When I saw that Samuel Delany’s Tales of Neveryon was described as a “post-modern sword and sorcery,” the nerd in me jumped for joy twice over. I’m not even a particular fan of post-modern literature–more a fan of anything that combines two seemingly opposing areas/genres/what-have-you. A sword and sorcery that quotes from literary criticism in the epigraphs?
Apparently that’s a “Yes!”
Delany breaks all the rules. His characters sit around thinking for pages on end, or jabber about the (heavy) themes of the book. He tells instead of shows all the time. So what? It’s a slim book that dances with huge ideas–not exactly new, since the book is from 1979, but ideas that were new for me. Ideas about slavery and feminism and economy, and some absolutely geektacular thoughts on storytelling as a reflection of real events, reflected again with each subsequent retelling. (Tales of Neveryon is presented as a reflection of a partial translation of a “real” text written in numerous ancient languages…) I ate it all up.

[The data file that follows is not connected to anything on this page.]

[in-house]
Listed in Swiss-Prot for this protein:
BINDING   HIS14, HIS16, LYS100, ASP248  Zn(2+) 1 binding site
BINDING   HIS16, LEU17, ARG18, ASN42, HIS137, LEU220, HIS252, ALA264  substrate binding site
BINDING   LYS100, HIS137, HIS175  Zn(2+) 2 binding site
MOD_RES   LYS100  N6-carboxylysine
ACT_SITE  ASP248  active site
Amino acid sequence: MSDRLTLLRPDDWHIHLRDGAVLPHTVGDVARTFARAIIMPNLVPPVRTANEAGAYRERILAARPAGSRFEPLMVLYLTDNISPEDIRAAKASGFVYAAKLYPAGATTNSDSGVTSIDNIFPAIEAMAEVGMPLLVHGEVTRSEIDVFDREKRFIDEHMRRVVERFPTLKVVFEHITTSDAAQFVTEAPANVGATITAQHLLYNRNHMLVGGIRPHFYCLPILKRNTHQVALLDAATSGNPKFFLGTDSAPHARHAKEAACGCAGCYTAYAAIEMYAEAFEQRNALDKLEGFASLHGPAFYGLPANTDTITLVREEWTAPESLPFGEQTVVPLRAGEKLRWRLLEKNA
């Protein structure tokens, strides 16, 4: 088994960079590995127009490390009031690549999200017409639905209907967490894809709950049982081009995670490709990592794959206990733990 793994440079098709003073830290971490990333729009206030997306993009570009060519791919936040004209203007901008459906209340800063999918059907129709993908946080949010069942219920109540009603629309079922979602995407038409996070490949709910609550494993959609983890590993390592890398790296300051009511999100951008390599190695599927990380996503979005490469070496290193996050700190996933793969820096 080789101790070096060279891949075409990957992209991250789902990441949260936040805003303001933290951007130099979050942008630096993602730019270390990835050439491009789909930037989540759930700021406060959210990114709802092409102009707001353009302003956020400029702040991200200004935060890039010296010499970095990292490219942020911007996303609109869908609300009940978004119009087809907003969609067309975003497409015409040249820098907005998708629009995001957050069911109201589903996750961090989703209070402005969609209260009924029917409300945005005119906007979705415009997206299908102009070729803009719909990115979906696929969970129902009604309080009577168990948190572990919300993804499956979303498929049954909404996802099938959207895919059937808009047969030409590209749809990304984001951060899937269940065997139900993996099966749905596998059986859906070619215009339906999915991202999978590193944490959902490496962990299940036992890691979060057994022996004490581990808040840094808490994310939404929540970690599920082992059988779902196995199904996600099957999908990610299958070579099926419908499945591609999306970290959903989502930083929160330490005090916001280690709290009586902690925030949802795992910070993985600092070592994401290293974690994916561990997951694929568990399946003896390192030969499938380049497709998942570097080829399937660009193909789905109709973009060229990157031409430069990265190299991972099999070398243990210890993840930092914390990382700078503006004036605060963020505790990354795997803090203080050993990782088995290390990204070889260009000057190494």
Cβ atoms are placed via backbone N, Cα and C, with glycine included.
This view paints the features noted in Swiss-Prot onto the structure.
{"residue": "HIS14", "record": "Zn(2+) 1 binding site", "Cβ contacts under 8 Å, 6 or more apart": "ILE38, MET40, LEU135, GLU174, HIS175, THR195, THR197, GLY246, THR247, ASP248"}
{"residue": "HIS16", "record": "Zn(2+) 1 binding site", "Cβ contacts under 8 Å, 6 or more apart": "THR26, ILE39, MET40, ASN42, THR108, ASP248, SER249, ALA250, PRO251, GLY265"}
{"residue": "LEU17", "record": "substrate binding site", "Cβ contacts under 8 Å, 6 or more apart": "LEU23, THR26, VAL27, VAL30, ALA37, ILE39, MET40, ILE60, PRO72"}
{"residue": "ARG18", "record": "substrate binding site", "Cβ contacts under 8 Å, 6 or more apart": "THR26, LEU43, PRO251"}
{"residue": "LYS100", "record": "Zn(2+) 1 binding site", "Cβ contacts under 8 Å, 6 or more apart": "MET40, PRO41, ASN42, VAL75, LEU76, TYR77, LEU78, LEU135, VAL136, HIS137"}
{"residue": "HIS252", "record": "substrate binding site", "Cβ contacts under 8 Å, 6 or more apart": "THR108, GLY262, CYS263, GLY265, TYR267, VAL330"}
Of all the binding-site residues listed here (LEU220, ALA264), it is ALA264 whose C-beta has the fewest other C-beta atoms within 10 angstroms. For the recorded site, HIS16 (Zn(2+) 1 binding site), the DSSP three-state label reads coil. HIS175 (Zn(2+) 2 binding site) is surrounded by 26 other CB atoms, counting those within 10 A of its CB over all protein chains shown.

There’s a story in there too. Stories, actually, as the book is five novellas or stories that only truly unite at the very end, bringing together Gorgik the ex-slave, Small Sarg the barbarian, Raven the swordswoman, and Norema the fisherwoman/businesswoman. Loosely speaking, it’s the story of Gorgik and the events leading up to a slave uprising; but more generally it’s a story of a world in the middle of transition, on the cusp of civilization as we understand but not quite there yet.
To tell you any more than that would be cheating. This is a fascinating, unique book that I wish someone had handed to me years ago when I first started wondering at the supposed gap between “genre” and “literary.” After finishing Tales of Neveryon, all I can say is, “What gap?”